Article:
Using Canine Sense of Smell to Save Bees

Cybil Preston, chief apiary inspector for the Maryland Department of Agriculture, is expanding her canine detection program, training dogs to find traces of American foulbrood, a bacteria that can decimate beehives. Credit Andrew Mangum for The New York Times

There’s plenty of news about bees being under environmental threat, so we thank NYTimes contributor Tejal Rao for this story of harnessing a natural strength of one species to help save another.

With a Sniff and a Signal, These Dogs Hunt Down Threats to Bees

Ms. Preston seals dog toys in a plastic bag with foulbrood to saturate them with the scent. Credit Andrew Mangum for The New York Times

JARRETTSVILLE, Md. — Cybil Preston stretched her bare hands into a noisy beehive and pulled out a frame of honeycomb, its waxy cells filled with nectar, its surface alive with bees.

“This girl right here was just born,” she said, pointing out a bee with a silvery thorax. “See how her hair is still matted down like a teddy bear?”

Ms. Preston, the chief apiary inspector for the Maryland Department of Agriculture, was on a routine survey of registered colonies northeast of Baltimore. “I’m always looking for signs and signals,” she said, as she examined a worker bee with a misshapen wing. “It’s like ‘CSI.’”

Ms. Preston, 45, certifies that each beehive crossing the state line is free of American foulbrood, bacteria that are harmless to humans but can spread quickly from hive to hive, decimating bee populations.

“Everything else that can go wrong with the hives is fixable,” she said, “but not that.”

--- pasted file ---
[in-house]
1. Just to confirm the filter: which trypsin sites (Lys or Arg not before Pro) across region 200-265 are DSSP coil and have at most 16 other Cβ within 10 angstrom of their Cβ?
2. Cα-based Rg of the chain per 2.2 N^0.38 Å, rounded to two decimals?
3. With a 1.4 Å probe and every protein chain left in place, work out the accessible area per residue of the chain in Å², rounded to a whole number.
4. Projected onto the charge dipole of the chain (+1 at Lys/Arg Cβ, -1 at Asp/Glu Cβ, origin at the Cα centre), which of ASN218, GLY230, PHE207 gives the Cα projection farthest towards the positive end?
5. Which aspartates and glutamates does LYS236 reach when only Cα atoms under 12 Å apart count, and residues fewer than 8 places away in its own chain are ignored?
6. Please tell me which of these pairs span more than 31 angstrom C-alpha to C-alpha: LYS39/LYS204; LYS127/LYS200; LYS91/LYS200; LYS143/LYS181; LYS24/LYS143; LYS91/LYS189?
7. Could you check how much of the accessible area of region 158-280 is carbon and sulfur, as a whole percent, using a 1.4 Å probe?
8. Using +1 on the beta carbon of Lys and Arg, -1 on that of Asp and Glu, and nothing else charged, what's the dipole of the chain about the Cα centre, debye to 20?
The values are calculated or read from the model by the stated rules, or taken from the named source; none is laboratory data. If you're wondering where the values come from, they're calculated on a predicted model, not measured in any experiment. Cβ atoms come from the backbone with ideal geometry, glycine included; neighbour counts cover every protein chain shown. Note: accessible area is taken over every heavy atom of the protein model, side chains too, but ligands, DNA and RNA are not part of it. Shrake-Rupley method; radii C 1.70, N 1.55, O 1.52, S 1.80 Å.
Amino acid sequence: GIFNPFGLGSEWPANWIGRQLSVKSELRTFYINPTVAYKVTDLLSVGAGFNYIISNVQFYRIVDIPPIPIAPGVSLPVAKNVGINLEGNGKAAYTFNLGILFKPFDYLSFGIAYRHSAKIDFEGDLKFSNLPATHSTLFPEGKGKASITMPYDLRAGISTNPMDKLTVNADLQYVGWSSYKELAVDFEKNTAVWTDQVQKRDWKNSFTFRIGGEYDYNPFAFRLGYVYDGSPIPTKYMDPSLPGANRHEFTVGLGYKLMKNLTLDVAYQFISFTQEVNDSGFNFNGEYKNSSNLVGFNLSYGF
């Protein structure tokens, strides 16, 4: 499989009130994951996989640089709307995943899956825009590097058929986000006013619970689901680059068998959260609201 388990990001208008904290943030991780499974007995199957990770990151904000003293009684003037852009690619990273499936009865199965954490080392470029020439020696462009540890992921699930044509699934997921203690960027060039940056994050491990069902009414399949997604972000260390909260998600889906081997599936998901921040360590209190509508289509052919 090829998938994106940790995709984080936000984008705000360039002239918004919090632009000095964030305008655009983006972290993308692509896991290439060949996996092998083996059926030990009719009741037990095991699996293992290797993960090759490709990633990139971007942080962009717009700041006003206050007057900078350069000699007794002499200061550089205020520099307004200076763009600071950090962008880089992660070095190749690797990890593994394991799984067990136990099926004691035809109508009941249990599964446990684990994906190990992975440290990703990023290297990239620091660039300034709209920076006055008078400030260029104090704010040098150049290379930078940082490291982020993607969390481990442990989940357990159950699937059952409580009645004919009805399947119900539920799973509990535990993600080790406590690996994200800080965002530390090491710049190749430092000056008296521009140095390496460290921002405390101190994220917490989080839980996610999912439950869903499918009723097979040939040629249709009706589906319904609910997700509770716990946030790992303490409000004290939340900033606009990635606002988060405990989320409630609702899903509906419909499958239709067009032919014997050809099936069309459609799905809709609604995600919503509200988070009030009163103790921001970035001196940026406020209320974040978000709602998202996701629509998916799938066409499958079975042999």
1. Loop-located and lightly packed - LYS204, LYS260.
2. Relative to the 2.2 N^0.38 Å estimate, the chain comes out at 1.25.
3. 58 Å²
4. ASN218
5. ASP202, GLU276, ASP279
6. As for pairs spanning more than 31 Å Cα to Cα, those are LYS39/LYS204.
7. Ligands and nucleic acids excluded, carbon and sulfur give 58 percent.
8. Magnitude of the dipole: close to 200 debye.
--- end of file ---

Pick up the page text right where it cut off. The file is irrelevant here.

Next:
Four years ago, Ms. Preston trained a dog to help her find foulbrood, figuring it out as she went along. She recently received a grant through the federal farm bill to expand her canine detection program, which could serve as a model for other states.

Unlike human inspectors, dogs don’t need the hives opened up to check them for foulbrood. They can trot by, sniffing at the comb, and tell if the bacteria have killed off any larvae. Four people working full time cover less than half of what her dog can, Ms. Preston said.

Her golden Labrador, Mack, inspected about 1,700 honeybee colonies last fall and winter. In the cold, when the bees were clustered and the comb was hard to inspect visually, Mack used his nose. This allowed Ms. Preston to continue certifying hives for shipment to warmer climates.

“If I didn’t have dogs, these bees just wouldn’t be able to move,” she said.

On a recent Friday morning, on the green slopes behind her home here in Jarrettsville, Ms. Preston tossed a toy around for Tukka, a young springer spaniel she had just adopted.

At first glance, it didn’t look like a workday. But that toy had been sealed in a plastic bag with foulbrood, and Ms. Preston was in the early stages of training Tukka on the scent. With any luck, he will join her team before the end of the year…

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